The International Organization for Standardization (ISO) is an international standard-setting body headquartered in Geneva, Switzerland that produces worldwide industrial and commercial standards. These standards are often incorporated by local and national governments into building codes or treaties, giving them the status of law. Representatives of industry, research institutes, governments, non-government organizations, consumer bodies, and international organizations from all over the world participate to create ISO standards, either directly in liaison with ISO, or indirectly through a national member body.
Like the American Society of Heating, Refrigerating and Air Conditioning Society (ASHRAE) and other standard-setting bodies, ISO has a standard for indoor air quality (IAQ) and ventilation, entitled “Building environment design – Indoor air quality – Methods of expressing the quality of indoor air for human occupancy (ISO 16814).” This standard expresses the general principles of building environment design. In theory, the ISO indoor air quality standard takes into account the factors of healthy indoor environments for building occupants, and protecting the environment for future generations. In practice, however, the current ISO standard falls drastically short of protecting public health from secondhand smoke exposure. In fact, the only thing it really protects is indoor smoking. The ISO standard implies that adverse health effects from exposure can be controlled with ventilation, which is in contradiction to the World Health Organization’s position, ASHRAE’s board policy statement, the U.S. Surgeon General, and many other agencies which affirm that ventilation is not an acceptable means of dealing with health hazards of tobacco smoke since there is no safe level of exposure.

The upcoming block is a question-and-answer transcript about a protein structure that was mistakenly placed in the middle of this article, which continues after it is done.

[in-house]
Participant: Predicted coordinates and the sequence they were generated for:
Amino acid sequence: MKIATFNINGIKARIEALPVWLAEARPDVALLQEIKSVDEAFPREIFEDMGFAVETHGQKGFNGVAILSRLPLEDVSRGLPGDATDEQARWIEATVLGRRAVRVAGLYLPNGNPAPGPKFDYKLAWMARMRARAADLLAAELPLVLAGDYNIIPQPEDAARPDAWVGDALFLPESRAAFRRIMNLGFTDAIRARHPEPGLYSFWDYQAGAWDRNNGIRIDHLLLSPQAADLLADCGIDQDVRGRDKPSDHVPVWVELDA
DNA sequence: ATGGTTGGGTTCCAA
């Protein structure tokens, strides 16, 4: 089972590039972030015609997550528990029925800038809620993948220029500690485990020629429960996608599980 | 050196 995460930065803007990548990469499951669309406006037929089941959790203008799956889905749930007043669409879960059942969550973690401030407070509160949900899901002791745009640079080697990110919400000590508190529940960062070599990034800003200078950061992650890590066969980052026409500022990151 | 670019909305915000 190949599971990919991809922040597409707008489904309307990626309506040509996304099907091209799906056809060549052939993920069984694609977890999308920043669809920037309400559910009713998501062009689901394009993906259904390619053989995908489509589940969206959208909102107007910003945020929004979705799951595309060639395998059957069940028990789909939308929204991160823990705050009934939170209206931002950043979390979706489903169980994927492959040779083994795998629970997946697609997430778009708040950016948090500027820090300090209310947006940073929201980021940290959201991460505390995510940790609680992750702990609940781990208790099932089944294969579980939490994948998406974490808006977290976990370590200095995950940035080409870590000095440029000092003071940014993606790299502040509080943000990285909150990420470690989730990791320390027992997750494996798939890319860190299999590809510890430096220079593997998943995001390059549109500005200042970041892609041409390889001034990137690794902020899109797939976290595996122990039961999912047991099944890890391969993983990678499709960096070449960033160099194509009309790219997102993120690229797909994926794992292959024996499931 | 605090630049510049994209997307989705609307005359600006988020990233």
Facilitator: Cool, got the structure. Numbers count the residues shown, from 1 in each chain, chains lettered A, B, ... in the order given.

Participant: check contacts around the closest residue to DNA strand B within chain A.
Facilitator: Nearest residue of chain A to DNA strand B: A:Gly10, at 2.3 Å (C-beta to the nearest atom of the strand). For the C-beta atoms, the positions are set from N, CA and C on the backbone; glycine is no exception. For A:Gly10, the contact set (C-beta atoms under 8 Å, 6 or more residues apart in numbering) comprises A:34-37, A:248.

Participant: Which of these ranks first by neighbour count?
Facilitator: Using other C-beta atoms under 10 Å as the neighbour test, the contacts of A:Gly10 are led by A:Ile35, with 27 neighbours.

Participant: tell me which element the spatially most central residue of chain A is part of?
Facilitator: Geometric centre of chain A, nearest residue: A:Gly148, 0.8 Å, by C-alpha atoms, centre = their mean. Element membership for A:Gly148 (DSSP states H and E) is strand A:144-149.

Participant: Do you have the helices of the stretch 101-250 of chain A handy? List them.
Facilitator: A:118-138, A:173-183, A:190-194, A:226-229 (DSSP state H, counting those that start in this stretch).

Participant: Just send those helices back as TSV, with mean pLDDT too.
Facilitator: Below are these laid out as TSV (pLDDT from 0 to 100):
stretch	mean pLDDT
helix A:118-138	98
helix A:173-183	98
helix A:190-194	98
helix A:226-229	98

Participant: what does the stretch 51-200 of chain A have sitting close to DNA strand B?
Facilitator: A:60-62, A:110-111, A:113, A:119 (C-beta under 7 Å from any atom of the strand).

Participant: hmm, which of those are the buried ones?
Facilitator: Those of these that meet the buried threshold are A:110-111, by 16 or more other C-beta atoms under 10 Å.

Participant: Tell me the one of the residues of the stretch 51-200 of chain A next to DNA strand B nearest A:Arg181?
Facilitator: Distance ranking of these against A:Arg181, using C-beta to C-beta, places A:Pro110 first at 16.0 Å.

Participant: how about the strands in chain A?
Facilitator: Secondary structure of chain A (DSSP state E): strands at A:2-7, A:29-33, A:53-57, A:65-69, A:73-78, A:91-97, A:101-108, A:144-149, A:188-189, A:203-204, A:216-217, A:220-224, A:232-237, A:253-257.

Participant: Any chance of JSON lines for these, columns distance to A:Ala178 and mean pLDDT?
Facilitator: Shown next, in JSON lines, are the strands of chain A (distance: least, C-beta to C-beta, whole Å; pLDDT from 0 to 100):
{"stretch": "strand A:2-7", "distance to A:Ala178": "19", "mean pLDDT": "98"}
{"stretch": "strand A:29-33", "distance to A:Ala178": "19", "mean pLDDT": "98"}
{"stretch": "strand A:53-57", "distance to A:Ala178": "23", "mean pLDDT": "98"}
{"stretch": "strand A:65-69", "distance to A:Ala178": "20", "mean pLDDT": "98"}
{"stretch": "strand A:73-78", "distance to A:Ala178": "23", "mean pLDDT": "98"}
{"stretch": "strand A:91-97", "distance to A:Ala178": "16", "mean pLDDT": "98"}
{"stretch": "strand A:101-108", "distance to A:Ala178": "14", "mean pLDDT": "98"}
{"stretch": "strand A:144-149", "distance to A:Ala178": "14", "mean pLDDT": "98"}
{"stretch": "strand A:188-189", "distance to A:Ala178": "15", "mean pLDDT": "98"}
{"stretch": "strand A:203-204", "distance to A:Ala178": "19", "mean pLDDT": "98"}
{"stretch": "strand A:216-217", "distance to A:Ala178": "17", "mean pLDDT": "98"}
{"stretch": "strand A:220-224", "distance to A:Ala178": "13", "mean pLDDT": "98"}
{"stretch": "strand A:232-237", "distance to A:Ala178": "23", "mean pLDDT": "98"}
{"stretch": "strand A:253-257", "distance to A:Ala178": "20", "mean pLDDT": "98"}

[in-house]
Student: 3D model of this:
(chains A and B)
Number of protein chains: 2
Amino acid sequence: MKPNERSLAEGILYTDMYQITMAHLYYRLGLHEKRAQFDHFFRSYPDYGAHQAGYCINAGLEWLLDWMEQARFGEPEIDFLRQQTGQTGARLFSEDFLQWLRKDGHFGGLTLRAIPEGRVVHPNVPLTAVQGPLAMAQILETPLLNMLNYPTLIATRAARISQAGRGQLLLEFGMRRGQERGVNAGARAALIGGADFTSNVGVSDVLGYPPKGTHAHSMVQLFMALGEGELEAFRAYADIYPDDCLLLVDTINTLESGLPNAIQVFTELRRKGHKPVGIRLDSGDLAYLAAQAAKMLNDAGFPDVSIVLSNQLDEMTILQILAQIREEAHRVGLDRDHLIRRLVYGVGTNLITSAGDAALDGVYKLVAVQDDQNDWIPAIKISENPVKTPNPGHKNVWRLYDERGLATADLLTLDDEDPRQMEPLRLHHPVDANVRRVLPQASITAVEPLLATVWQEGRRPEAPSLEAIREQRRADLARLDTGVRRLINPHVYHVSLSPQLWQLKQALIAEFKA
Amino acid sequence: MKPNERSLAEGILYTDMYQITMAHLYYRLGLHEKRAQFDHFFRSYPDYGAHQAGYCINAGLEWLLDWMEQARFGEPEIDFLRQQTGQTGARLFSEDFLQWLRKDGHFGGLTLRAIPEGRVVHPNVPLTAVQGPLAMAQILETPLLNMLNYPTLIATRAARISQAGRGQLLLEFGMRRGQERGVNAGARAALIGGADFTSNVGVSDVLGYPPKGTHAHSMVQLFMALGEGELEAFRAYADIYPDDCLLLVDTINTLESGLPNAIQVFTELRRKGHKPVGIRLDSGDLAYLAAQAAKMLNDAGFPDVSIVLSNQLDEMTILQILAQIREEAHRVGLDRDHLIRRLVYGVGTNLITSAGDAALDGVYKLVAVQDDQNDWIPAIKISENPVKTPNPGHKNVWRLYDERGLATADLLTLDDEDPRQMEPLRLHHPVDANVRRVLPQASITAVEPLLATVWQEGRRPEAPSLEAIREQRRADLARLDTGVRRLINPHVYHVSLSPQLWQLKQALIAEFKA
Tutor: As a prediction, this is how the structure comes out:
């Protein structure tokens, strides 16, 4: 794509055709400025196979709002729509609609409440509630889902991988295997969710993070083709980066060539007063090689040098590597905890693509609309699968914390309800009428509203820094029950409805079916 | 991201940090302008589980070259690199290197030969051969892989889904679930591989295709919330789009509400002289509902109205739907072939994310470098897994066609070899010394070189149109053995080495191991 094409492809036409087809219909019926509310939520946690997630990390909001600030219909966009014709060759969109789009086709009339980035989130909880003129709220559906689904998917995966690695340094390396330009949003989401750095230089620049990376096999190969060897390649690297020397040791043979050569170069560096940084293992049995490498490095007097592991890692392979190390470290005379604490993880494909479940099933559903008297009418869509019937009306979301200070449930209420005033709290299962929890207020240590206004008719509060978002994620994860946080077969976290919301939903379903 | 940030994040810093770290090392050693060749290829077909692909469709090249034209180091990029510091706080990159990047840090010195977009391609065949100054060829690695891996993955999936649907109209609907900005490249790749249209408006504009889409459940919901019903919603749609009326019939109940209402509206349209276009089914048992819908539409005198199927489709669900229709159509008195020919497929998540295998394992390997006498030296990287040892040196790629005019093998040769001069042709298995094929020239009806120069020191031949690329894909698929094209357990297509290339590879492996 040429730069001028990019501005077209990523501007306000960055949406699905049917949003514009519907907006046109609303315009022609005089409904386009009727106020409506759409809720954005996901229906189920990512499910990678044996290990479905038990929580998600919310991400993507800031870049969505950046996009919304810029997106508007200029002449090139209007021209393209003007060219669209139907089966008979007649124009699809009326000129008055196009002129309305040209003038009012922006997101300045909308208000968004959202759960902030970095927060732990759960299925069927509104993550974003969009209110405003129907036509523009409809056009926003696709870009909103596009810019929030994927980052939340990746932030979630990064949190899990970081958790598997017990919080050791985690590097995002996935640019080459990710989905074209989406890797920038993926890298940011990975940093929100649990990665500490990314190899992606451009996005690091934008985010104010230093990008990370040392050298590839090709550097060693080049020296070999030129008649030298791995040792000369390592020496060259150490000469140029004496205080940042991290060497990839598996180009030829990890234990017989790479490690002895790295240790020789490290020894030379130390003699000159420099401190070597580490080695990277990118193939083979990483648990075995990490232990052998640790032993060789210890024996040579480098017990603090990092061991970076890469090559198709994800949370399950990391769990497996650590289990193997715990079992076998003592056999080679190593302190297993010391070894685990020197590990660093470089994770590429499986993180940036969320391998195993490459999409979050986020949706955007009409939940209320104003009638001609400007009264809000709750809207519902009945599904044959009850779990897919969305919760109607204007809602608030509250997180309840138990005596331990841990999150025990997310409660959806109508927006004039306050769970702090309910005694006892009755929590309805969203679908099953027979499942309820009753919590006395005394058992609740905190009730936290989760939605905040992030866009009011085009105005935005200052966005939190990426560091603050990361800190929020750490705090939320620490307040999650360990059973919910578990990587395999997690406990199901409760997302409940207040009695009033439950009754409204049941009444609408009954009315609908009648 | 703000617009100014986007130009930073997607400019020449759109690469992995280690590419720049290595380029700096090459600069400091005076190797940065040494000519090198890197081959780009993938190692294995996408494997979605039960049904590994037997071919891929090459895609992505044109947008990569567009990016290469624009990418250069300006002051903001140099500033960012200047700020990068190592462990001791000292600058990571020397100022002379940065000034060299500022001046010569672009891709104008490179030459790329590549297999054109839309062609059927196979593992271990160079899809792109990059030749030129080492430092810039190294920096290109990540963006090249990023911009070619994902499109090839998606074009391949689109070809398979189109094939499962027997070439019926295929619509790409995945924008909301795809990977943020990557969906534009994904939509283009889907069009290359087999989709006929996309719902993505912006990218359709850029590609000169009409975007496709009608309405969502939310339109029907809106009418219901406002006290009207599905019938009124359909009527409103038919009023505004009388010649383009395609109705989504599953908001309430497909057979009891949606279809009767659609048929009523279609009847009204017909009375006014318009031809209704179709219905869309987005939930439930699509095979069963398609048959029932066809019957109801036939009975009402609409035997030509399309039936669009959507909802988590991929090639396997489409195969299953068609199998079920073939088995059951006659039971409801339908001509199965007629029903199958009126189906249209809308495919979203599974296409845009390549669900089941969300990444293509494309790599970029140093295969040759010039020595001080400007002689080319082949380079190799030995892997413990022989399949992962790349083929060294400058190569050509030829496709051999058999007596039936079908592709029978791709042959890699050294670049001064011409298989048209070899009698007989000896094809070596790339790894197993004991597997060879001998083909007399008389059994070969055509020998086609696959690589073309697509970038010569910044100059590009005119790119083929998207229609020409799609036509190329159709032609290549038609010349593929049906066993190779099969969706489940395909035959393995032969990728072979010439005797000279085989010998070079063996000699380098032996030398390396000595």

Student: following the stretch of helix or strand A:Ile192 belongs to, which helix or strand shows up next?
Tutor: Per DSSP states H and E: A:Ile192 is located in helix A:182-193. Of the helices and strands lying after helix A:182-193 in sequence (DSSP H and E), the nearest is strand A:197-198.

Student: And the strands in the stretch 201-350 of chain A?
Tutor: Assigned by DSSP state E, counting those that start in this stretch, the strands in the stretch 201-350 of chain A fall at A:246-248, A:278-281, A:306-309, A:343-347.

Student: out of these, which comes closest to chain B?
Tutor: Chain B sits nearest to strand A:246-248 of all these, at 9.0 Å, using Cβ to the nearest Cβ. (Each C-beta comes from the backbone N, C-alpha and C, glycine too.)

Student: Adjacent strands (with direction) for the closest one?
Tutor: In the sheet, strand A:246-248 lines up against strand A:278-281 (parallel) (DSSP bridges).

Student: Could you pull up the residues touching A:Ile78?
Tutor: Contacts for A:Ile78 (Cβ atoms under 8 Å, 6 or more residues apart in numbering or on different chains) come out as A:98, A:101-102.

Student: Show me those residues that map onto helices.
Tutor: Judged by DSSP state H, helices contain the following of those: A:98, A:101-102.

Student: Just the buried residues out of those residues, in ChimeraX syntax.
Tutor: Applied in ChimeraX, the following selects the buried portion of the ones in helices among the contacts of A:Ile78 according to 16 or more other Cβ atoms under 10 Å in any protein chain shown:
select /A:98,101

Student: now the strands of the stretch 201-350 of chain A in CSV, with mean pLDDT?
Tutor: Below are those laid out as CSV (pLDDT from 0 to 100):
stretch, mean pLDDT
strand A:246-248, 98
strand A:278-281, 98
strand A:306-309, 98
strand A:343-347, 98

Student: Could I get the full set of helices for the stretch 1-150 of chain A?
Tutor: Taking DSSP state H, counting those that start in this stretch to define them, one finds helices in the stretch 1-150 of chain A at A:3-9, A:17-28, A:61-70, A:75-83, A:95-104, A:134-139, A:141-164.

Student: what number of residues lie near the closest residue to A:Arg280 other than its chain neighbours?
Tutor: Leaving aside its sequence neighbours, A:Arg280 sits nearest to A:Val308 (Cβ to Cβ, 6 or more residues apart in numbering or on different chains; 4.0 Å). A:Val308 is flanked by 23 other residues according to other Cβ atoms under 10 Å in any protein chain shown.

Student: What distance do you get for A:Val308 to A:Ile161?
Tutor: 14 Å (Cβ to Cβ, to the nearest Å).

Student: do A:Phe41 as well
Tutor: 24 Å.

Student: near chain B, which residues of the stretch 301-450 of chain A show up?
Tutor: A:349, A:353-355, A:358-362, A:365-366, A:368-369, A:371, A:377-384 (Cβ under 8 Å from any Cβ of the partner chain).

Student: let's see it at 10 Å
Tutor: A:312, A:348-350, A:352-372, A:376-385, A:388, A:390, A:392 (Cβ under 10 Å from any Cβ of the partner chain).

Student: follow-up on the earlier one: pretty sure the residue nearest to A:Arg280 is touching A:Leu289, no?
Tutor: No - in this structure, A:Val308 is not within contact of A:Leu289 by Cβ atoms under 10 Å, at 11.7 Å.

Why the smokescreen?
Up to this point, health groups have not had a voice in the process, with the exception of the World Health Organization (WHO). WHO is an organization in liaison to ISO, as well as the technical committee responsible for ISO 16814 and confirms that ventilation and smoking rooms do not protect people from secondhand smoke. Unlike other standard-setting bodies, ISO does not invite public comment and participation. ISO is insulated from public feedback, which has led to opportunities for the tobacco companies to plant its allies into decision-making positions and influence the standard.
Industry manipulation of ISO is examined in a 2001 research paper by Bialous and Yach, “Whose Standard is It, Anyway? How the Tobacco Industry Determines the International Organization for Standardization (ISO) Standards for Tobacco and Tobacco Products.”
Tobacco companies have worked to undermine ISO in order to promote an ineffective “ventilation solution” to unsuspecting countries that are unaware that ISO’s standard is neither consistent with other global standards nor that it has been manipulated by tobacco companies and their consultants for the purpose of enabling tobacco product consumption, not for protecting health.